How to answer so many questions ?Amidst a time of much uncertainty, a world rocked by the COVID pandemic, we were incredibly fortunate to begin a collaborative PhD research project with the University of Bristol, which was very kindly funded by the John Pearce Foundation to find the answers.
First major hurdle ?It is really difficult to neatly frame exactly what equine assisted 'therapy' is or isn't, and the benefits thereof to human or horse. As we found out, there are significant gaps and obstacles to scientific rigour concerning the benefits to humans of a such an increasingly popular sector, one as wide and varied as the sea of terminology used to describe it. Challenge enough for potential prescribers, funders and insurers to distinguish categories and methods of delivery let alone impact for a field of activity that for the Charity Commission in the United Kingdom, comes under the auspices of 'Complementary and Alternative Medicine' (CAM). "CAM organisations that claim to cure a condition must be able to provide appropriate scientifically-based evidence for their claims. CAM organisations that work to provide comfort and relief to patients, rather than claiming to cure or treat a disease, may be able to rely on other types of evidence, such as reports by patients, or observational studies based on patient responses, to demonstrate their public benefit. The outcome of the review will primarily affect new applicants to the register." You can read more about this in the Charity Commission Annual Review 2018-1019 (at page 24 )
What 'need' are we responding to ?We identified a specific and recognised need clearly expressed by racing authorities and official aftercare bodies nationally and internationally for a robust evidence-based approach to transitioning and re-training former racehorses to ensure a better understanding of and connection with equine assisted services.
Kindly funded by the John Pearce Foundation
"Although there is a wealth of evidence to suggest we humans benefit from Equine Assisted Therapy, there is - as yet - little research on the role of former racehorses in this field. Sensitive, responsive, and used to being handled by humans, they can be uniquely suited to supporting people in need; but what traits makes an individual horse right for the job? What is the best practice for retraining horses for this purpose? How can we ensure their welfare even as they help people with theirs?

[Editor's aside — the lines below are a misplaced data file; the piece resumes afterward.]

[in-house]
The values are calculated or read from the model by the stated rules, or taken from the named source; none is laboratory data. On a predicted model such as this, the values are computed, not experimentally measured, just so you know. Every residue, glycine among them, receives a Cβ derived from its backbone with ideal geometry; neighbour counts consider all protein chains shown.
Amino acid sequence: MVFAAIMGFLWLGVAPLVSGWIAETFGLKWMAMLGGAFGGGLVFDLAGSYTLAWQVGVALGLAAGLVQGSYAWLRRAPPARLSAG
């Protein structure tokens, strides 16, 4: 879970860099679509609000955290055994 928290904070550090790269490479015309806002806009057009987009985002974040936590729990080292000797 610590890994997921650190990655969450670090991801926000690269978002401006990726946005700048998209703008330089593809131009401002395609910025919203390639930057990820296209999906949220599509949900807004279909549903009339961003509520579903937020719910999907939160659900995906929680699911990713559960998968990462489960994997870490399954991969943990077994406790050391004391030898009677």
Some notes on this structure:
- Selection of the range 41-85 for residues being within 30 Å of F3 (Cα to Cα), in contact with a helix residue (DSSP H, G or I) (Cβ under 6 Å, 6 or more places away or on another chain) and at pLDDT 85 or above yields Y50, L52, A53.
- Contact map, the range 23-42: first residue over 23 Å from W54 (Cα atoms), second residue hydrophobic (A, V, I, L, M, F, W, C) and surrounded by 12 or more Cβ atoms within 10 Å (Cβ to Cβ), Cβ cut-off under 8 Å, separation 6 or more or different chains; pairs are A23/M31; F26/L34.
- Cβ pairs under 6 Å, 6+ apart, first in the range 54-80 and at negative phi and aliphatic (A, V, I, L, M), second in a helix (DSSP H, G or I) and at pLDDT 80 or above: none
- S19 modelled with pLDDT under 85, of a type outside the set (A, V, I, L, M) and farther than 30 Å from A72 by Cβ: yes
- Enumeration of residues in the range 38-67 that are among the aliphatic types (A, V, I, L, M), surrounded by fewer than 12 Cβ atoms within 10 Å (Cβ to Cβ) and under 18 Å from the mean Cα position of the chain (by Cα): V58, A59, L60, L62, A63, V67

At a time when racehorse welfare is gathering significant global attention, Racing To Relate CIO stepped up and said “let’s find out”. Their collaborative research with the University of Bristol aims to create an evidence-based standard for off-track racehorses working as therapy animals, using their Thoroughbred Assisted platform to share guidelines, champion best practice, and engage with audiences both in racing in beyond. I couldn’t be more thrilled that the John Pearce Foundation is supporting this important step in their journey, joining colleagues at the British Horseracing Authority, the Sir Peter O’Sullevan Charitable Trust and the Childwick Trust - to name a few!”
- Emilie Greener, Charity Manager at The John Pearce Foundation
Project with University
of Bristol Vet School
Funded by The John Pearce Foundation
The Selection and Education of Former Racehorses (Thoroughbreds) for Equine Assisted Services:
Developing the Evidence Base for a Global Standard
In undertaking this focused research, Racing To Relate gain a broad understanding of the diverse ways in which horses are used within programmes to assist people. It will also indicate how former racehorses might fit into this picture, both now and in the future.
Successful Pilot at
Ballygraffan in NI
Funded by The Down Royal Corporation of Horsebreeders
The pilot followed the transition of a number of Thoroughbred former racehorses in a monitored training/retraining programme at an EAS facility 'Horses For People' in Northern Ireland.
This experimental cross-industry collaboration was run in parallel with the first ‘Audit’ Phase of the Racing To Relate /University of Bristol PhD and was geared towards complimenting the Phase Two field studies across a number of EAS facilities.
Universal Language of
The Horse Symposium
In Collaboration with the Horses & Humans Research Foundation, USA
We had the privilege to co-organise this international symposium which took place at the Longines International Equestrian Centre, Deauville. Speakers arrived from all over the world to presenting on a variety of equine assisted service research.
It was a truly innovative format, bringing research from the lab to the arena, quite literally, featuring a number of live interactive demonstrations with research and equine-assisted practitioners and horses, including former racehorses and Veterans working with horses.